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Toronto Pride Draws Crowd of One Million

by Kilian Melloy
Monday Jun 30, 2008

This past weekend's Toronto Pride parade drew a huge crowd estimated at one million, reported news sources.

The Post Chronicle cited The Toronto Sun's reportage in a June 30 www.postchronicle.com/news/entertainment/article_212155403.shtml that reported on the size of the crowd and the fact that the parade was a peaceful event despite its immense size.

Another notable feature of Toronto Pride, which celebrated its 28th year with the June 29 event, drew more than a large and appreciative crowd of GLBT participants and onlookers, along with appreciative and curious straight onlookers: about 18 Canadian servicemembers marched in the parade, and Canadian police had set up recruitment posts along the parade route.

As has become a tradition in many Pride celebrations, local and national political figures also showed up to march in the parade. (No one from the Conservative party deigned to be seen in the throng of marchers, however.)

And in a gesture the recognizes the plight of gays in hostile countries, and the refugee seekers who flee such dire straits, the parade was marshaled by a Jamaican refugee, Gareth Henry, who claims to have made his way to Canada after having experienced his home country's notoriously anti-gay attitude first hand, in the form of police intimidation.

The official inclusion of gay Canadian military personnel was a new development, and much celebrated in the media. Last week, EDGE reported that 17 Canadian servicemembers would participate, including naval officer Lt. Stephen Churm, who has served openly as a gay man since 2001.

Canada's military began to accept openly gay troops in 1992, according to a June 30 article www.torontonews.net/story/376715 from Toronto News.net, and in 2003, when gay marriage took effect in some Canadian provinces, the military extended marriage equality to its members, though the first marriage between Candian servicemembers of the same gender was not celebrated until marriage equality became a matter of national law in 2005.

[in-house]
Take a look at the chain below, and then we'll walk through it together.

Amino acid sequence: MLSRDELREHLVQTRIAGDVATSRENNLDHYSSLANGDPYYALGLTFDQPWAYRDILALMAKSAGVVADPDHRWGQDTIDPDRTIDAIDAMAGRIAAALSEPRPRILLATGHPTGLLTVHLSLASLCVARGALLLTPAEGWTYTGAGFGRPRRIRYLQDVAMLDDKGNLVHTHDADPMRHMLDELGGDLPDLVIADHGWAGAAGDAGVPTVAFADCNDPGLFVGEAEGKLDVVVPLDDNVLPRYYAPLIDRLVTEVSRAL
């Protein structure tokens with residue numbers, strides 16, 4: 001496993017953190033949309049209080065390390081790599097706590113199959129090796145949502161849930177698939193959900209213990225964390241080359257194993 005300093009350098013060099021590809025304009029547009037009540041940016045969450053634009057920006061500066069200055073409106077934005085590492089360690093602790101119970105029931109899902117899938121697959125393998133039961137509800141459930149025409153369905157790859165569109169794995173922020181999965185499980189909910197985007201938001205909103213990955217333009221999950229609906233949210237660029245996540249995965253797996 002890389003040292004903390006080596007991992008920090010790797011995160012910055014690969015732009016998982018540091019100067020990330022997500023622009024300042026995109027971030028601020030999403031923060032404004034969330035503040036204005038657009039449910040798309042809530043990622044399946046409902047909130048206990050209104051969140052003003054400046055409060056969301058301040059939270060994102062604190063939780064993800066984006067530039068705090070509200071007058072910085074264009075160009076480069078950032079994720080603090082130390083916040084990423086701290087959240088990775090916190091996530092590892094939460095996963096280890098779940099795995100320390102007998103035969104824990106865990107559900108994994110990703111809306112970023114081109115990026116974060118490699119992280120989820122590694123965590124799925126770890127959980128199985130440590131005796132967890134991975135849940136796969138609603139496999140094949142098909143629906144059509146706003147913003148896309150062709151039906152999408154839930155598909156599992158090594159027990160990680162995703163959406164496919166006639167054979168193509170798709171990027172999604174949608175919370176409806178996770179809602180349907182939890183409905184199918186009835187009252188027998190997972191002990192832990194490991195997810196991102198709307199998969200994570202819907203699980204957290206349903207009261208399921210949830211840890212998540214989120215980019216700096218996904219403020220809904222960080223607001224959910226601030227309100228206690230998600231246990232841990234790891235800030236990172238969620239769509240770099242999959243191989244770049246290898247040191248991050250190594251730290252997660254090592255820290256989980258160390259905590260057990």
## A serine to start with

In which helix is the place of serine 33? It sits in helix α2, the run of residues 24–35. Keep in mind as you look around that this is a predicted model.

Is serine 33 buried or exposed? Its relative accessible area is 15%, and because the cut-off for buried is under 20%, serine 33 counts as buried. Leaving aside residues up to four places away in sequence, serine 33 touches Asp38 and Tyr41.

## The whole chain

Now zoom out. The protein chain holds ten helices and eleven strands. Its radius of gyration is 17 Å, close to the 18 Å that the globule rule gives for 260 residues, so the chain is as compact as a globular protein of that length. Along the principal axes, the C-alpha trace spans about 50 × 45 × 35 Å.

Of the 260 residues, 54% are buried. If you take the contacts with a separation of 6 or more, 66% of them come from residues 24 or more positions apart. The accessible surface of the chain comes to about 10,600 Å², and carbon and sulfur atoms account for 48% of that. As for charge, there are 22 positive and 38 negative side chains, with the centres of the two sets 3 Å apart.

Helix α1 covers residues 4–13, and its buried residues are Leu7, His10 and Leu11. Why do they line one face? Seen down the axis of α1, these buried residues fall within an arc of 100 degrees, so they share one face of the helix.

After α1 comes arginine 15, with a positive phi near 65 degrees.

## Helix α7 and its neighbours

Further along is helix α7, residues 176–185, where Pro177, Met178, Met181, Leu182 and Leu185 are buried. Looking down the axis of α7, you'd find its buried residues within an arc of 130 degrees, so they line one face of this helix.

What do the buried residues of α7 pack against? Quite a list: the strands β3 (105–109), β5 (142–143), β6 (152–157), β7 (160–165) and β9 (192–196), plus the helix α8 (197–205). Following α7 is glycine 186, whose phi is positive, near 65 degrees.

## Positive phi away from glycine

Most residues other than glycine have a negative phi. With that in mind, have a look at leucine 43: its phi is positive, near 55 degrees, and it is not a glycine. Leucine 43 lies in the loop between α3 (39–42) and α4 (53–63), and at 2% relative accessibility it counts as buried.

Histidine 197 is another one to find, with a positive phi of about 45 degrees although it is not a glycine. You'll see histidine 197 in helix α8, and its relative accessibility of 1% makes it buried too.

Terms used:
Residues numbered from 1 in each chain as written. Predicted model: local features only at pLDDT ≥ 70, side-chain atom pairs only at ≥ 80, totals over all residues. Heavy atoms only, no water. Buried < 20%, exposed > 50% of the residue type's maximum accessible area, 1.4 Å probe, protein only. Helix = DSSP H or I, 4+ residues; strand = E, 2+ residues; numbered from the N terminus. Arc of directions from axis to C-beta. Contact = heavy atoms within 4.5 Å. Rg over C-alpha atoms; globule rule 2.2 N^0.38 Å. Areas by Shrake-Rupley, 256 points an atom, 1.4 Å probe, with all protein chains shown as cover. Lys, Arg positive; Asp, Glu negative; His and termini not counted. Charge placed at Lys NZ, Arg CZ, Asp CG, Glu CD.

The event also drew a number of American couples, who traveled to Canada to enjoy the show and celebrate their own nuptials by getting married in Canada.

To date, only two states in the United States recognize marriage equality. Mass. became the first state to do so in 2004; earlier this month, Calif. followed suit.

The state of New York does not offer marriage equality, but officially made it policy last month to recognize same-gender marriages performed elsewhere.

Toronto's economy benefited to the tune of $100 million from this year's Pride, reported Toronto News.net.

Kilian Melloy serves as EDGE Media Network's Assistant Arts Editor. He also reviews theater for WBUR. His professional memberships include the National Lesbian & Gay Journalists Association, the Boston Online Film Critics Association, The Gay and Lesbian Entertainment Critics Association, and the Boston Theater Critics Association's Elliot Norton Awards Committee.


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